Damien Duff says if fans do not feel safe they will not go to games

Bohs’ Cian Byrne was struck by a flare in February, and a linesman was caught by a missile launched from the Shels end last Friday in Drogheda

People do not feel safe at some League of Ireland games. That has become an undeniable reality this season.

As the north Dublin clubs meet on Friday night, Bohemians visiting Shelbourne at an ever-expanding Tolka Park, the latter’s fans join the former’s fans in having to swallow an away-day ban.

Both punishments stem from a supporter flinging flares on to the field of play. As a result Bohs fans were denied a trip to Drogheda recently, while Shels’ travelling gang cannot attend the Galway United game at Eamonn Deacy Park next Friday.

“It’s a Shelbourne problem at the minute,” said Damien Duff this week, “but I don’t think anyone can argue that it’s not rife around the league.”


Rarely does a Dublin derby pass without the fire brigade being forced on to the grass to dose flames. Bohs’ Cian Byrne was struck on the arm in February, hit by one of his own fans, and linesman Dermot Broughton was caught by a missile launched from the Shels end last Friday at Weavers Park.

“I’ve had a young Shelbourne fan not feeling safe at a game and I had to give him a big hug: ‘here, you’ll be all right, I’ll look after you’,” said Duff. “You want to feel safe, and if you don’t feel safe you’re not going to want to go to the game. It has to stop.”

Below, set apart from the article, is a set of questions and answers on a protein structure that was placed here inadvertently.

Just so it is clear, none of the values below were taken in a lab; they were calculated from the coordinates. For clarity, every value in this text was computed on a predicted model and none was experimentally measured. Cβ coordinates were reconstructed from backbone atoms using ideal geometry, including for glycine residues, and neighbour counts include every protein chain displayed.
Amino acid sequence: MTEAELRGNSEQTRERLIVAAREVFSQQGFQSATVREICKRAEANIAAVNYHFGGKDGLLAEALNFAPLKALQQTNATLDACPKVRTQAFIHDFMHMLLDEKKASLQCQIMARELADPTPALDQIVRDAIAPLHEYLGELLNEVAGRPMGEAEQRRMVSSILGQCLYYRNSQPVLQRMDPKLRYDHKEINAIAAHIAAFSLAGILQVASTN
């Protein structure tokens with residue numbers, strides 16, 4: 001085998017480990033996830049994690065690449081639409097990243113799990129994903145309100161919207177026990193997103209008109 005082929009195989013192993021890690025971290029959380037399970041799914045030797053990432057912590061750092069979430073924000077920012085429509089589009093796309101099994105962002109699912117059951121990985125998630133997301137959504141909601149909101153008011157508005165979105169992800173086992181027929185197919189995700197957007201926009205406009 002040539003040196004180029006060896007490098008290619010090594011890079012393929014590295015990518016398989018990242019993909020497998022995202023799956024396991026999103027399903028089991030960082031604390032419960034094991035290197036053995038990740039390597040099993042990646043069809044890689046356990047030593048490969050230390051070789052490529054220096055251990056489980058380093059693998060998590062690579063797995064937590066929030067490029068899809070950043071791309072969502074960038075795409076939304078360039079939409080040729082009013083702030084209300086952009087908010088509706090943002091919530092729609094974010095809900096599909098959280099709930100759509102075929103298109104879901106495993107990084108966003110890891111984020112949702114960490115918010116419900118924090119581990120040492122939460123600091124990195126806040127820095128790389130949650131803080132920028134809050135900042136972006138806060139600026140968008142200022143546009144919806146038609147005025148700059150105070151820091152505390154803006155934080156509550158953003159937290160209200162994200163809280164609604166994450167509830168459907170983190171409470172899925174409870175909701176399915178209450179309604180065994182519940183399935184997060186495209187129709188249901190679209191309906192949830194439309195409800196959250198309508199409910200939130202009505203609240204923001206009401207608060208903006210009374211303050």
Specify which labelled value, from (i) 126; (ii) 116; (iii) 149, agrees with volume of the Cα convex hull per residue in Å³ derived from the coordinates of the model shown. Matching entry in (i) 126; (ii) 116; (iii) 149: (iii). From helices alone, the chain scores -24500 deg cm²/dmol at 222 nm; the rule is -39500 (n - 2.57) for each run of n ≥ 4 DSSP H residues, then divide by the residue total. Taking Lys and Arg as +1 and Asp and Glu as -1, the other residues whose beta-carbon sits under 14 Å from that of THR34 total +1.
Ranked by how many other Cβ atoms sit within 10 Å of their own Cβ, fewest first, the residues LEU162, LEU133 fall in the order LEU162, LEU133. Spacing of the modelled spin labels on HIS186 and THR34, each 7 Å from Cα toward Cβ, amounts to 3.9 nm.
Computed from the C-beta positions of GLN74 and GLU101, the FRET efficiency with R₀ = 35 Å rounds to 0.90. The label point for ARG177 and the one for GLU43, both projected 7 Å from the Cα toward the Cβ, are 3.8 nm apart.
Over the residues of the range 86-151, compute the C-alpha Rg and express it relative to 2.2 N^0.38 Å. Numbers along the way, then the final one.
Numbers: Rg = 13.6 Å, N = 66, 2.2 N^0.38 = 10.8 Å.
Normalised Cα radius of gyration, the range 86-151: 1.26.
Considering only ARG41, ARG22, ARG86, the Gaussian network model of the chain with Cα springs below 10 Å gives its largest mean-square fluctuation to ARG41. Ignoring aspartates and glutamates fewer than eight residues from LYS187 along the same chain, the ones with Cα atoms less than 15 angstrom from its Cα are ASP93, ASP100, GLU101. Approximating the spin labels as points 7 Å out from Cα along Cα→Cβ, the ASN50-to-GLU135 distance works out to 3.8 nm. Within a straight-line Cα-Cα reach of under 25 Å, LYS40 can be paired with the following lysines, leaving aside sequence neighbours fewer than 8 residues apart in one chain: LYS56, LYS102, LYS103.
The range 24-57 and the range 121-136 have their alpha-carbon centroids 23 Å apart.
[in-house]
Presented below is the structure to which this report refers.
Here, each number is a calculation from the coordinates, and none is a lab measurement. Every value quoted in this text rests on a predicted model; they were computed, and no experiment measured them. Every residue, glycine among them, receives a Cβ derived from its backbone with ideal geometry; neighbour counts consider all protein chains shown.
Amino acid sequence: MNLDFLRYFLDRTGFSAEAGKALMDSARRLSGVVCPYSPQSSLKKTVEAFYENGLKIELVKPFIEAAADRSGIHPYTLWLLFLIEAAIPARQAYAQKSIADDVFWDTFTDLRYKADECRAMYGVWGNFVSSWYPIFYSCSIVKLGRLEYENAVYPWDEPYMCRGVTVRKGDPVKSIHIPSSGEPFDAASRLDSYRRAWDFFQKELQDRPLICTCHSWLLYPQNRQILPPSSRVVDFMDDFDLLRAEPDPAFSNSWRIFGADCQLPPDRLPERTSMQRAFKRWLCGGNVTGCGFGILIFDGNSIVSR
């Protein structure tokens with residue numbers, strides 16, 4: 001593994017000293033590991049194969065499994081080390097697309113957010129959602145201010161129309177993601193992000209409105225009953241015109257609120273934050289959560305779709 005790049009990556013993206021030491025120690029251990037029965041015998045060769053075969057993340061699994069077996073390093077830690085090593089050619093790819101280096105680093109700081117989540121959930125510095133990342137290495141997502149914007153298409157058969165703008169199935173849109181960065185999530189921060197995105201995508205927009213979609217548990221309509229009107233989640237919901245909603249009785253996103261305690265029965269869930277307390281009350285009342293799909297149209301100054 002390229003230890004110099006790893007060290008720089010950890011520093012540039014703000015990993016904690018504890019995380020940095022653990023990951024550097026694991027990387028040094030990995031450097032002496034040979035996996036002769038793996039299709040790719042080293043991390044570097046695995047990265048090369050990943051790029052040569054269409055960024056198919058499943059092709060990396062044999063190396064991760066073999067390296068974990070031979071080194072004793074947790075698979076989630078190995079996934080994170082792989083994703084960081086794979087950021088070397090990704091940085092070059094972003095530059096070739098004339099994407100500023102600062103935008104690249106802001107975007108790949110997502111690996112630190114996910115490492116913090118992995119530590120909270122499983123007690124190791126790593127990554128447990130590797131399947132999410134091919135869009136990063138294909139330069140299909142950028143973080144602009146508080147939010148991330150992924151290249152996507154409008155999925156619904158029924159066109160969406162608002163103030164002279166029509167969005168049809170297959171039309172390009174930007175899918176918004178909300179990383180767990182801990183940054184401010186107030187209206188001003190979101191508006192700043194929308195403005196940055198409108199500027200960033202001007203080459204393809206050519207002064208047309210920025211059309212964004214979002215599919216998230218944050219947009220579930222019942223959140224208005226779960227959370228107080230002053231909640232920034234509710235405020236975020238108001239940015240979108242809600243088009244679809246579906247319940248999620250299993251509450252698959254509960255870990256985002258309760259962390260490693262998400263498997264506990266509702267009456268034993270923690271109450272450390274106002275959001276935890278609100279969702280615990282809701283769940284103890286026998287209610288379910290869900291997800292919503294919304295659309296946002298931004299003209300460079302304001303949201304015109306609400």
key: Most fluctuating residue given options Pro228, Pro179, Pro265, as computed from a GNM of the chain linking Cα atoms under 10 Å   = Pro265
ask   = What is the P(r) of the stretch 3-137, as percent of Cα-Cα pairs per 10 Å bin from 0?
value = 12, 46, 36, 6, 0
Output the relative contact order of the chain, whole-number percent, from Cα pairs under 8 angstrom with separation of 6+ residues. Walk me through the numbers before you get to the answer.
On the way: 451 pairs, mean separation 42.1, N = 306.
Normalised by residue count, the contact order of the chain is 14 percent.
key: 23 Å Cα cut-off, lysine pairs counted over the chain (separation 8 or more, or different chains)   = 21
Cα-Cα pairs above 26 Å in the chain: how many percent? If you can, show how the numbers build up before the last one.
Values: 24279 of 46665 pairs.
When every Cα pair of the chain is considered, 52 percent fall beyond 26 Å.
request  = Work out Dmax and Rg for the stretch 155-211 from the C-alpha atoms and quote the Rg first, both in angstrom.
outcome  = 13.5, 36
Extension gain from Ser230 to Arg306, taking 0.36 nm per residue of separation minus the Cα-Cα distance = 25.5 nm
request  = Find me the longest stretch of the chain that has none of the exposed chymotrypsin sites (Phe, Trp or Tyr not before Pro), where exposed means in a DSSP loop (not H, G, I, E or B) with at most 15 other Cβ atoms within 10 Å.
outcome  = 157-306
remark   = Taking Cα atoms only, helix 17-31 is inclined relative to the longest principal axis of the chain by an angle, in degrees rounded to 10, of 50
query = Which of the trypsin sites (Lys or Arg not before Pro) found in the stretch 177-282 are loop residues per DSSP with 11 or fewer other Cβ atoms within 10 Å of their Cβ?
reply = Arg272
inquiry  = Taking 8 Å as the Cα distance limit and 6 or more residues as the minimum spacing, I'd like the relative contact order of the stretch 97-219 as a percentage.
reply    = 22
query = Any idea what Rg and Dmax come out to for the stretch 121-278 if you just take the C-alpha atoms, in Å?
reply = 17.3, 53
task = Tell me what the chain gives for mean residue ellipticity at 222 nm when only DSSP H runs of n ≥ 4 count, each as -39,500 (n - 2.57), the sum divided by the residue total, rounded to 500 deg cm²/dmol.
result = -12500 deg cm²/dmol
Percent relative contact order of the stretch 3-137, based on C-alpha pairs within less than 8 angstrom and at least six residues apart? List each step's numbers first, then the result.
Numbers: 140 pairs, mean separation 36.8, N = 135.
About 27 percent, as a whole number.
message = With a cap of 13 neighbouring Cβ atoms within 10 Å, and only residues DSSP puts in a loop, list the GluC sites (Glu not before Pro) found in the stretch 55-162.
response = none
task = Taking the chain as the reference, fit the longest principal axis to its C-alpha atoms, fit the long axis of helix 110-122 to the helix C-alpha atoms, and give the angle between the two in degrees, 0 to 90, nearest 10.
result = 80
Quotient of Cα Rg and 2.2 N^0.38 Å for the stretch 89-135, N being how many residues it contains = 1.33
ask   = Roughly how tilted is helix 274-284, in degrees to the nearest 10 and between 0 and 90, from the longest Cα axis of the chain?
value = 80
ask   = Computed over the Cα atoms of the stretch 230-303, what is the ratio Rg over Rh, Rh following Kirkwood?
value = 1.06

Apparently self-policing by supporters is not effective with Shamrock Rovers and St Patrick’s Athletic promising a “zero tolerance” policy around pyrotechnic displays.

All eyes turn to the 4,700 crammed into Tolka on Friday night. On a brighter note the Drumcondra venue’s capacity will increase to 5,700, with two small terraces to open before St Pat’s visit in a fortnight.

If the best part of having Duff as a permanent fixture in the League of Ireland is his passionate outbursts, the second best part is his level headedness after the fact (he invited the young Shelbourne fan who hit Broughton to training this week so he could turn the incident into a teaching moment for the league’s increasingly younger fan base).

The former Ireland winger’s coaching ability alongside Joey O’Brien comes a close third.

Shels are top of the league, 11 points clear of Alan Reynolds’ struggling Bohs who have slumped to one spot above a relegation play-off. Unbeaten in nine, with Will Jarvis just named the Soccer Writers’ of Ireland player of the month for March, the wonder is how Duff’s charges can maintain this pace for 36 games.

“Top teams, top players, they are top because they do it as the season wears on, in the business end. Being top of the league I don’t feel added pressure, I put enough pressure on the guys already. Do they feel pressure? No, they’ve felt pressure from day one off me.

“I haven’t got into that side with them at all. I try to prod them emotionally from time to time. Here, I’ve got relegated three times. That’s a different pressure. Totally.”

Dundalk, meanwhile, begin life after Stephen O’Donnell at home to St Pat’s, and while Duff clashed with him on plenty of occasions this week he messaged O’Donnell.

“I have never actually texted a manager that left his post but I texted Stevie because A, I have his number, and B, I think he is one of the best this league has seen. Granted, I have had ding dongs with him – that was my opening line – but I felt I should text him because he is a proper manager, a brilliant coach. It’s as volatile a profession as any.”

Gavin Cummiskey

Gavin Cummiskey

Gavin Cummiskey is The Irish Times' Soccer Correspondent